Even if Joe Biden wins, the divides ripping apart this country will not go away. But that doesn’t mean we will go the way of the Balkans, find ourselves in Sarajevo’s siege. That’s the nightmare scenario. There are millions of people, most in fact, who want to find a way to bridge the divides and face the seismic shift that history is demanding.
In a recent dream, I walk into a party in Sarajevo. I plan to surprise Vera. We haven’t seen each other in two decades. She’s on the couch. She seems angry. Why didn’t you tell me you were coming, or is this just a coincidence because you wanted to go to a party? No, no, no, I say, stunned by her anger. I don’t even know these people, I tell her. She hugs me so tight. We’re both crying, in front of a roaring fire. The room turns to stone. The ceiling recedes, cathedral high. It’s so dark. I take my daughter by the hand to show her the room where I slept without windows, but she is pulling me away, she wants to go talk to the kids outside. She says something about a new friend, Methody. Outside Vera’s building I see a bent-over old man with long gray hair and a cane. It’s Mr. Methody, the philosopher-father of the crowd. Everyone looks to him, but he keeps manifesting in different places. He whispers to me, The structure of things is difficult. These are not normal times. The atoms and structures. It’s not a time of normal cause and effect. Then he vanishes.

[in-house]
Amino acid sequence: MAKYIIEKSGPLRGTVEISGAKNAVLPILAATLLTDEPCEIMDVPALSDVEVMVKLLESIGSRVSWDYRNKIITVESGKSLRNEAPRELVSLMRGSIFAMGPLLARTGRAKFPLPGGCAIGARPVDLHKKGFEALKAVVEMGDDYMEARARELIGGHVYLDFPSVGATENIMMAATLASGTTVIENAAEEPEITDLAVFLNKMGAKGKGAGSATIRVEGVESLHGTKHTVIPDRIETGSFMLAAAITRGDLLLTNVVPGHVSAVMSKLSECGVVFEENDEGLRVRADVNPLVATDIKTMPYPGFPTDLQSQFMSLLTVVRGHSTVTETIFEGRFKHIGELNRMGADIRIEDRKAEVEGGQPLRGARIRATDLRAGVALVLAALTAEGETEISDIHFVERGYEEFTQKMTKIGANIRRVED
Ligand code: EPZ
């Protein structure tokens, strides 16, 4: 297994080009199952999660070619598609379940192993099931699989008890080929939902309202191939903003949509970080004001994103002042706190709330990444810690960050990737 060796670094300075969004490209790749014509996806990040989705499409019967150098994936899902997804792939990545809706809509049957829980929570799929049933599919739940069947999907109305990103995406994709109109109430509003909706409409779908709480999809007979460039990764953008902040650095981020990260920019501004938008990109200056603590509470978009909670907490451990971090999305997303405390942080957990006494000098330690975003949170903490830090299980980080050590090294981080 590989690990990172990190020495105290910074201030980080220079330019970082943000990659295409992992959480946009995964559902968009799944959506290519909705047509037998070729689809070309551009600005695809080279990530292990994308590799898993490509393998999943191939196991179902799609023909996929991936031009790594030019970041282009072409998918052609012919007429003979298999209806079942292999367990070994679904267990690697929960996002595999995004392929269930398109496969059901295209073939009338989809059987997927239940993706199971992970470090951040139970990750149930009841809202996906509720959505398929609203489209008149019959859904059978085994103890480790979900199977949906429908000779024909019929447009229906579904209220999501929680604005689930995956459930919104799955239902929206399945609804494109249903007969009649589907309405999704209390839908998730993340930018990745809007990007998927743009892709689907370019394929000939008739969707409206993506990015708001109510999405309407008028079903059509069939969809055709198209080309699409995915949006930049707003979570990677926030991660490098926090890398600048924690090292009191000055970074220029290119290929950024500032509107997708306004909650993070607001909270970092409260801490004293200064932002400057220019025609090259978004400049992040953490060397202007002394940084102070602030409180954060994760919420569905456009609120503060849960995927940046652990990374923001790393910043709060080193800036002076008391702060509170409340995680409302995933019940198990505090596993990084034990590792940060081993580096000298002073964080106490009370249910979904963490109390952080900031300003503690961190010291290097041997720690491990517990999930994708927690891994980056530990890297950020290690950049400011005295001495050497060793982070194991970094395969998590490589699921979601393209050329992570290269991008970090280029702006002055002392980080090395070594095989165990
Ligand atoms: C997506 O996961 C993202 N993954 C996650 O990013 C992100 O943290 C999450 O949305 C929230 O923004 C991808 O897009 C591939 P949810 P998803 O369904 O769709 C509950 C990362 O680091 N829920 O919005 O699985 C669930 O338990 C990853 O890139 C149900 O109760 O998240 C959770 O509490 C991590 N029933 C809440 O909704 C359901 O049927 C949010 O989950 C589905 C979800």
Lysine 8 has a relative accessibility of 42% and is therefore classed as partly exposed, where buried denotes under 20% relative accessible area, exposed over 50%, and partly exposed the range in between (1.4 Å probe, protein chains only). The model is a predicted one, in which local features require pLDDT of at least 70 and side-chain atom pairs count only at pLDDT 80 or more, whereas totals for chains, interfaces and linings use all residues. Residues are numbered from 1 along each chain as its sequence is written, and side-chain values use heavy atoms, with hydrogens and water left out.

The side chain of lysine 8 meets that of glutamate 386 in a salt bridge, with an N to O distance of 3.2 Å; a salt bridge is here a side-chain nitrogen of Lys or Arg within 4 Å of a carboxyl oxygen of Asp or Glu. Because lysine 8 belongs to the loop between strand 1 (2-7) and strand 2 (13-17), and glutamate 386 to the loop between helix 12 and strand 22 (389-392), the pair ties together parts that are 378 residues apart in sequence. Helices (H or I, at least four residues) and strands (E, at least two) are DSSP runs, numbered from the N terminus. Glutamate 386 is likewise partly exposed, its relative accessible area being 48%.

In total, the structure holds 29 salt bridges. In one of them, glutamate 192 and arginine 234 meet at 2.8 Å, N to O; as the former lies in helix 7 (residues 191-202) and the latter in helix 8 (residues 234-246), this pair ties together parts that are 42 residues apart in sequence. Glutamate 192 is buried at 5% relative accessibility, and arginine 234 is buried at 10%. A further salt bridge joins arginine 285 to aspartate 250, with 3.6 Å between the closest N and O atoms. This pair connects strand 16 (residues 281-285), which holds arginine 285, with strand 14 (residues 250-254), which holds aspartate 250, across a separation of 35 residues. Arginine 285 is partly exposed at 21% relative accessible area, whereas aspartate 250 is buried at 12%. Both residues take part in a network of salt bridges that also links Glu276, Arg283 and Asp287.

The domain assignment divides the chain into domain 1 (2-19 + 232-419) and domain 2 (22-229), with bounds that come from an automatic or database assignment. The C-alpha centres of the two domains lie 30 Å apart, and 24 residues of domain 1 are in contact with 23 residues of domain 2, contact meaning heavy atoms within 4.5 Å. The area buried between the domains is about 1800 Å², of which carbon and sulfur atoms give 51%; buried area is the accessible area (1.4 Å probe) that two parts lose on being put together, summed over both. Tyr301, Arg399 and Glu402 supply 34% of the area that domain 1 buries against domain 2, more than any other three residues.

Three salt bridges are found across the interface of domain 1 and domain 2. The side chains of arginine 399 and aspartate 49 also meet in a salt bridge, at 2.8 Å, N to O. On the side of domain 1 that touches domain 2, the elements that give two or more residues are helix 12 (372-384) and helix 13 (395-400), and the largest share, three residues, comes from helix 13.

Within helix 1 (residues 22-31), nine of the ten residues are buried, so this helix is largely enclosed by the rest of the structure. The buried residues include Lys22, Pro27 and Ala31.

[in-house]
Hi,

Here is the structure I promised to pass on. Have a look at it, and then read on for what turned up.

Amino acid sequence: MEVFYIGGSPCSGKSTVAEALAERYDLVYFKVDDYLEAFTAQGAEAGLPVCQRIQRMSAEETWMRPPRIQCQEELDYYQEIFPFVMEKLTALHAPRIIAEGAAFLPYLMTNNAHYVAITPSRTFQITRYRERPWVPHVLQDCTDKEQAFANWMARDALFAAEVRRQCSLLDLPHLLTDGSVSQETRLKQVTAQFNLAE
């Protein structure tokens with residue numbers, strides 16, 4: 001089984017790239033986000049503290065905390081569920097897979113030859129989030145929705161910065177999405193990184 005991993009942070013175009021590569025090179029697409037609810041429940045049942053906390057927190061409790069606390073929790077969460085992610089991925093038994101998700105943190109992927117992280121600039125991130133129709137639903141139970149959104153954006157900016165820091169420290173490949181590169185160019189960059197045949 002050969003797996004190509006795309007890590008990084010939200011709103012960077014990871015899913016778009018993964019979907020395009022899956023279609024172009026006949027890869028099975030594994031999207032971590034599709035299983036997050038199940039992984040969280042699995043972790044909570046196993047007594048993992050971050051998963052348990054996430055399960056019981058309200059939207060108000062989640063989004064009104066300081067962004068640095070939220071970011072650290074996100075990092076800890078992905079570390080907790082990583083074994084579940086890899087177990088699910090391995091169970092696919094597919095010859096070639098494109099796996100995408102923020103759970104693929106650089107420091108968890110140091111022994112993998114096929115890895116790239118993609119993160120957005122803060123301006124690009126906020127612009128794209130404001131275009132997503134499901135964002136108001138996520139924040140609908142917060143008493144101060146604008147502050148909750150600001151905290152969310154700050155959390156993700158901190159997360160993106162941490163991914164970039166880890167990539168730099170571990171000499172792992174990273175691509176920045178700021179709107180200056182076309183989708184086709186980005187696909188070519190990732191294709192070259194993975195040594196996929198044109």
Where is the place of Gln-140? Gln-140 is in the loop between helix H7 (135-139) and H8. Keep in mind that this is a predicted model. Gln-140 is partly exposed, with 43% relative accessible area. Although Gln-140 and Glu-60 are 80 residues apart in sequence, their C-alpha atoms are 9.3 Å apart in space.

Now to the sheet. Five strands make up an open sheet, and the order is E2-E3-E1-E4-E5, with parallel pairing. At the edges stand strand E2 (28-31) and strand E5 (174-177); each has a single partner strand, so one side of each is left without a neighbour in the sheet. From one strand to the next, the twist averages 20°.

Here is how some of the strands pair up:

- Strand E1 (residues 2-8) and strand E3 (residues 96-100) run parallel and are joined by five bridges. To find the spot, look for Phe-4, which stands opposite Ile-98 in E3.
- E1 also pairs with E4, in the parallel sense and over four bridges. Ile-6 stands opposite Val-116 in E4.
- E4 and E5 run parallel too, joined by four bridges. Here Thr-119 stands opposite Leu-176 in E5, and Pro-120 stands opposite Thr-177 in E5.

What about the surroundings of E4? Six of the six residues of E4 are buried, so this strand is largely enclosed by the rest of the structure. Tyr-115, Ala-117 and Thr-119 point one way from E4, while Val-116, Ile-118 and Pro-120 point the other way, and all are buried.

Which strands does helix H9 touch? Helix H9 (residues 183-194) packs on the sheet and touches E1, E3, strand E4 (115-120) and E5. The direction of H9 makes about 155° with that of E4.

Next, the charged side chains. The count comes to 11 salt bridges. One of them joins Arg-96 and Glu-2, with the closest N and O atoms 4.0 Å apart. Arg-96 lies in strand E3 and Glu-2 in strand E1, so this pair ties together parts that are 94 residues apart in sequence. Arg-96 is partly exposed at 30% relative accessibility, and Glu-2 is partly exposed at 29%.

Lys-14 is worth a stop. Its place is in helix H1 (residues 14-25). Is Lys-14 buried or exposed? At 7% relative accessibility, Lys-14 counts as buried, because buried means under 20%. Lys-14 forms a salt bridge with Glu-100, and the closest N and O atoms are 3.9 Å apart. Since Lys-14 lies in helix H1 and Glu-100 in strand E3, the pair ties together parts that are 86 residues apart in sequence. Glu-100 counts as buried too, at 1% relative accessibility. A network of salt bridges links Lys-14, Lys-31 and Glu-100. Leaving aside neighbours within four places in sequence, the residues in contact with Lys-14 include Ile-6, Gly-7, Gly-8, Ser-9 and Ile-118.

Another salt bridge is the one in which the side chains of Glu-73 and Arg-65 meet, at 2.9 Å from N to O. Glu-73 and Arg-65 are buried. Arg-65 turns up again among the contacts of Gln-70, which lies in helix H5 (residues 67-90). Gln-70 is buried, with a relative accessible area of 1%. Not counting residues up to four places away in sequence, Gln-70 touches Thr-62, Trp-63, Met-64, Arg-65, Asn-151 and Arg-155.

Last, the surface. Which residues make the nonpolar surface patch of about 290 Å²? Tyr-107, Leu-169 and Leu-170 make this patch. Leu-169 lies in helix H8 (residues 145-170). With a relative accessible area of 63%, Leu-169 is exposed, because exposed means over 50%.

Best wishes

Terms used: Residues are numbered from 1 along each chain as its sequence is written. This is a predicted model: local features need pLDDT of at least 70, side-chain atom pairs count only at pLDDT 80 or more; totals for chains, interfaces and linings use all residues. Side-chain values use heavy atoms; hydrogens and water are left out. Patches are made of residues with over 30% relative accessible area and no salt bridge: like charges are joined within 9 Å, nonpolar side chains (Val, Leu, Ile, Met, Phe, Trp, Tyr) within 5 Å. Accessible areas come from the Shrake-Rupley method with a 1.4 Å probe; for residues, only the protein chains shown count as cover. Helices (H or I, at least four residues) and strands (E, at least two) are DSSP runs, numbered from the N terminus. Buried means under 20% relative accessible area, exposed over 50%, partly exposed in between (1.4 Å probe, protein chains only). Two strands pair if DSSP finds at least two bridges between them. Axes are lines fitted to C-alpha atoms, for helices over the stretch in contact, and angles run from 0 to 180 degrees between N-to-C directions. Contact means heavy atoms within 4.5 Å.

This article was supported by the journalism non-profit the Economic Hardship Reporting Project.
Correction: November 1, 2020
This story has been corrected to note that Kenosha is in Wisconsin, not Minnesota.